Rio+20 summit opens with call to action

Agence France-Presse
The summit comes at a turning point, and its outcome is crucial for the future of mankind

Rio+20 logo.

RIO DE JANEIRO, Brazil – The UN Conference on Sustainable Development opened Wednesday, launching a new round of debate on the future of the planet, its resources and people, 20 years after the first Earth Summit.

Opening the so-called Rio+20 Summit, Dilma Rousseff, president of host nation Brazil, called on “all countries of the world to commit” to reaching an accord that addresses serious environmental and social woes.

The UN conference, which marks the 20th anniversary of the Earth Summit that declared the environment a priority, is the largest ever organized, with 50,000 delegates, the United Nations said.

Around 115 leaders are expected for the summit itself on June 20-22 but a series of business, environmental and nongovernmental organization conferences are being held in the runup.

This frenzy of contacts and deal-making could well be more fruitful than the UN process itself, say some, mindful of the failures of the 2009 climate summit in Copenhagen.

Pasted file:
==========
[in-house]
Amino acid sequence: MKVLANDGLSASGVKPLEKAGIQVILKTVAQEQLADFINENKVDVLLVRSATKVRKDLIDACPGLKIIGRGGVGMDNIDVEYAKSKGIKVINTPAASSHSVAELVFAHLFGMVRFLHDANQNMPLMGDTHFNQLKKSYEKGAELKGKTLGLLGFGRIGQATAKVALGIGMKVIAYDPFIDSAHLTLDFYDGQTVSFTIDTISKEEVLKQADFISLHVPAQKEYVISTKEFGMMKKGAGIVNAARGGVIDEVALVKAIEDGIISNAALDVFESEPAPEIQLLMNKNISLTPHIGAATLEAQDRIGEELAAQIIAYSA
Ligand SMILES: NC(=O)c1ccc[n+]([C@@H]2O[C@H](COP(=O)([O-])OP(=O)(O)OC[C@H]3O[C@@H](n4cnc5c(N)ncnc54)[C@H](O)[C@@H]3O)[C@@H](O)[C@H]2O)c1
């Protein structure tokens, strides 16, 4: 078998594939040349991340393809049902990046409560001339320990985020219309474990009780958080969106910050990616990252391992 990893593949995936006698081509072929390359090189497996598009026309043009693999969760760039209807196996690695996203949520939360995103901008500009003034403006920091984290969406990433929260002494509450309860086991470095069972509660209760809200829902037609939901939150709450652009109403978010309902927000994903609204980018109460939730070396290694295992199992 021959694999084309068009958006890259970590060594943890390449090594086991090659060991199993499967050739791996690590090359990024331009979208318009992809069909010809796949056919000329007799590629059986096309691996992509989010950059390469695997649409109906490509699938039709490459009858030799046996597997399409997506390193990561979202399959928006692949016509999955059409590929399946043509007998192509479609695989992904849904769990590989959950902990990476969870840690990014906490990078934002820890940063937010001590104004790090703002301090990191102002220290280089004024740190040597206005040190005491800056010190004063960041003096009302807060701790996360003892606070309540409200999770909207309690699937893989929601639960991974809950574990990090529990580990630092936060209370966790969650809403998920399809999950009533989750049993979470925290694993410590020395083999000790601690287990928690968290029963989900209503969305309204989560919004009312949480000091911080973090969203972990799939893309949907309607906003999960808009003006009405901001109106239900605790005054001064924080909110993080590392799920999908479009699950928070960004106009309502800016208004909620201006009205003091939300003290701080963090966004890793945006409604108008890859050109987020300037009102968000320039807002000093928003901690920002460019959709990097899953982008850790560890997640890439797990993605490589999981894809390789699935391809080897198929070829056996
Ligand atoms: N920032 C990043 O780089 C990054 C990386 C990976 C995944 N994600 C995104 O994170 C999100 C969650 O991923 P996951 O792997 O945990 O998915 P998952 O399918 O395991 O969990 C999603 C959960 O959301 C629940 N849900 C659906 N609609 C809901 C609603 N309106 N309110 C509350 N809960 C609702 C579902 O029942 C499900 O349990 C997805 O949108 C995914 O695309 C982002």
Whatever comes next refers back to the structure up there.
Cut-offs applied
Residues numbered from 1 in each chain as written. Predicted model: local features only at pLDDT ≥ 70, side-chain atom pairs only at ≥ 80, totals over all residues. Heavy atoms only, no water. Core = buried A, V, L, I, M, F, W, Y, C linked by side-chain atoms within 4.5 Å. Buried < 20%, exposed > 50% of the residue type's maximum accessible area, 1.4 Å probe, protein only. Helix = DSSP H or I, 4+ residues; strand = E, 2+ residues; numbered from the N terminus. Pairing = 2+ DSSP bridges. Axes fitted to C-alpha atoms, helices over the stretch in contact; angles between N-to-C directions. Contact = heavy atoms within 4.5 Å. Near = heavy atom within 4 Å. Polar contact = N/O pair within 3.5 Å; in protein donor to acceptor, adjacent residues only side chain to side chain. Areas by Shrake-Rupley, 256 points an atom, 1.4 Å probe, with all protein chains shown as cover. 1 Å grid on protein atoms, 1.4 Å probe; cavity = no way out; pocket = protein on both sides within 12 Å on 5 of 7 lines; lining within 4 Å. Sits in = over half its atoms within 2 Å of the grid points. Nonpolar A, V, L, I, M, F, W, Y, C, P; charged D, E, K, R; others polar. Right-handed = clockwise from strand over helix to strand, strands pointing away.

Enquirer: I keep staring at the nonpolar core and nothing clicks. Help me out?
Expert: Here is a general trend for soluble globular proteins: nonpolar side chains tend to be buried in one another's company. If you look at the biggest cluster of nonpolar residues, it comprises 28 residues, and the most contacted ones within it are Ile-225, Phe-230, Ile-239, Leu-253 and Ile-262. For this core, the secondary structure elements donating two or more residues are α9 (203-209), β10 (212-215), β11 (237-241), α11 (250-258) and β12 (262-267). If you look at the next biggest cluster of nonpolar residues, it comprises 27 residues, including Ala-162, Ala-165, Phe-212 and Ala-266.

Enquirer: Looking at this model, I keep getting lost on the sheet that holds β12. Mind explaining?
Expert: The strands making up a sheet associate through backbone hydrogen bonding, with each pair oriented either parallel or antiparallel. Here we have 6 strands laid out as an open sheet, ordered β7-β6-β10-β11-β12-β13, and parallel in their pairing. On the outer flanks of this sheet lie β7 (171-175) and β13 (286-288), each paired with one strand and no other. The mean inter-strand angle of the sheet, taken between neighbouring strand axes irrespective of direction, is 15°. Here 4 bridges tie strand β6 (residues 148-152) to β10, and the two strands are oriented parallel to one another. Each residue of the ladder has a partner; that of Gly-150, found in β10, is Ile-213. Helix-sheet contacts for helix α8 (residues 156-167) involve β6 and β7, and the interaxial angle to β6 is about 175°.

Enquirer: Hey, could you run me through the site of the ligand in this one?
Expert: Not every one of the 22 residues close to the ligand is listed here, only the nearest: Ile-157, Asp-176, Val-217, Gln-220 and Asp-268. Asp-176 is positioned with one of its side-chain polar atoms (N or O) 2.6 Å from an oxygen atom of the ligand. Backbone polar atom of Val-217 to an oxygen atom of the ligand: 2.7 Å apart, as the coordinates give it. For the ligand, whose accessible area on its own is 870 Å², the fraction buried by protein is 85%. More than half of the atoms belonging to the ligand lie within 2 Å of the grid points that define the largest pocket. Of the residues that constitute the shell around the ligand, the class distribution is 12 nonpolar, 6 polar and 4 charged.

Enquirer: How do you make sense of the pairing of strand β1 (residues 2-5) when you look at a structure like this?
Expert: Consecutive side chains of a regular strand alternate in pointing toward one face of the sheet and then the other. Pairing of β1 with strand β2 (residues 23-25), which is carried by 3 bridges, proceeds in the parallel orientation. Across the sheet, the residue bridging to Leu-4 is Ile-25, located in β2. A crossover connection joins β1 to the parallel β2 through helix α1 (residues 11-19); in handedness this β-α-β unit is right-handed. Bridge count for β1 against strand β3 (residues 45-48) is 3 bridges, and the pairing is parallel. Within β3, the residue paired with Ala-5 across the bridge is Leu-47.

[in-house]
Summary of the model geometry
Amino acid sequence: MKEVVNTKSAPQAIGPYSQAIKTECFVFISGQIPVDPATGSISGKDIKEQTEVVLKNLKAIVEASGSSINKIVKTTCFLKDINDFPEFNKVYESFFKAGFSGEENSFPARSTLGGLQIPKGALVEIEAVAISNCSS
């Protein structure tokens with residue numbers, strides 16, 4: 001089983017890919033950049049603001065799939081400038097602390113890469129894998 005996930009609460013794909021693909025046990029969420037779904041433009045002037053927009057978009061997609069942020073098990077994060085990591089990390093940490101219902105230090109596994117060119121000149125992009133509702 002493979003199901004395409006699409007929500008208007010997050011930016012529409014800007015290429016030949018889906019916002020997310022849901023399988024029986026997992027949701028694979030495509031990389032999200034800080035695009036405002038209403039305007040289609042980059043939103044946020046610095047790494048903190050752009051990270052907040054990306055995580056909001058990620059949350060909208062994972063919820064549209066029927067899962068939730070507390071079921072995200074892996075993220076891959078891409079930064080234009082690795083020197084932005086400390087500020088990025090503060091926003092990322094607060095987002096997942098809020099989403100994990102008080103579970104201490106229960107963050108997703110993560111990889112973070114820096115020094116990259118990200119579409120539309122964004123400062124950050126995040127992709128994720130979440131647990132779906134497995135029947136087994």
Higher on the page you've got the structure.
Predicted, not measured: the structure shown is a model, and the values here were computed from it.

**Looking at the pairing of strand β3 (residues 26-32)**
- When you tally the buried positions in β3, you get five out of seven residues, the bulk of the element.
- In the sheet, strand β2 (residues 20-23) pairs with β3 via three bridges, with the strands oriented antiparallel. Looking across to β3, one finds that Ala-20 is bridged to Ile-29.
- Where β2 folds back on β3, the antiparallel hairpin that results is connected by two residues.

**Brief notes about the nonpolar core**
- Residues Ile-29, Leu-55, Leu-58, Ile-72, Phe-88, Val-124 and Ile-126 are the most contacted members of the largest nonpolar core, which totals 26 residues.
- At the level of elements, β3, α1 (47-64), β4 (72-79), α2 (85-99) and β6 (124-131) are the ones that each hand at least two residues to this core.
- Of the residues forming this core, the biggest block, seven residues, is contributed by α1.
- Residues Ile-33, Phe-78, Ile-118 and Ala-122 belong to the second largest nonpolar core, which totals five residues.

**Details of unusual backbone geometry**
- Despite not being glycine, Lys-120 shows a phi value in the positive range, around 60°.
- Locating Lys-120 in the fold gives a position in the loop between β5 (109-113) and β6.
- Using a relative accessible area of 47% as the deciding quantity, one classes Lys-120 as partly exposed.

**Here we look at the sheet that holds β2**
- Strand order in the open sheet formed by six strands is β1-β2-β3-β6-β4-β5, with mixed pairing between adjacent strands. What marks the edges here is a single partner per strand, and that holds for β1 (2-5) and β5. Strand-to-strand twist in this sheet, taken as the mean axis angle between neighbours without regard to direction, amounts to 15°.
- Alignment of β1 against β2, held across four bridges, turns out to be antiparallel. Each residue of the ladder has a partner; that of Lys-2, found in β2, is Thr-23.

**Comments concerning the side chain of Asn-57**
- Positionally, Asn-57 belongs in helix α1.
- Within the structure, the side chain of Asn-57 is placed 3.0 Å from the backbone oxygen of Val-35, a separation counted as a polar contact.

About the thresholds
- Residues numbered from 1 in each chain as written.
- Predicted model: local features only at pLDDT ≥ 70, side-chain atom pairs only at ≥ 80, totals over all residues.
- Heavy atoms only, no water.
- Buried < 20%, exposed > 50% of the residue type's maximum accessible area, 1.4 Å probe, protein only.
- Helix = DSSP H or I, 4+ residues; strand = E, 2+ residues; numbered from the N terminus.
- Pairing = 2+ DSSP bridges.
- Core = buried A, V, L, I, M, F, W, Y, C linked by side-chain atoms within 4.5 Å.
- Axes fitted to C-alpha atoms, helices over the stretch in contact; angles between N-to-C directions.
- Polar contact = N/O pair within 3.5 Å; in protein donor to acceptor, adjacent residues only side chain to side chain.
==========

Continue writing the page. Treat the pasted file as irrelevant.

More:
Still it is hoped that the leaders can seal a deal that has been in the works for three months but with two-thirds of proposals still lacking consensus.

The United Nations itself has not ruled out the possibility of intense negotiations continuing right up to the leaders summit that will be attended by French President Francois Hollande and Chinese Premier Wen Jiabao, and others.

Turning point

Notably absent from the summit will be US President Barack Obama, who is facing a tough presidential re-election race at home, and German Chancellor Angela Merkel, whose country in the past has shown extraordinary commitment to environment issues.

A report released ahead of the gathering described an urgent need to tackle population growth and voracious consumption that are placing Earth’s resources under intolerable strain.

According to UN figures, global food demand will double by 2030 and energy consumption soar by as much as 45%, putting mounting pressure on finite resources amid growing social inequality, water shortages and global warming.

Nations all agree that the summit comes at a turning point, and its outcome is crucial for the future of mankind.

But privately delegates expressed doubt that a consensus on how to tackle these problems will be reached while many governments remain focused on the economic crisis.

Rio+20 seeks to hammer out an environmental accord that will force a transition towards a “greener” global economy, while eradicating poverty, and implementing oversight. – Agence France-Presse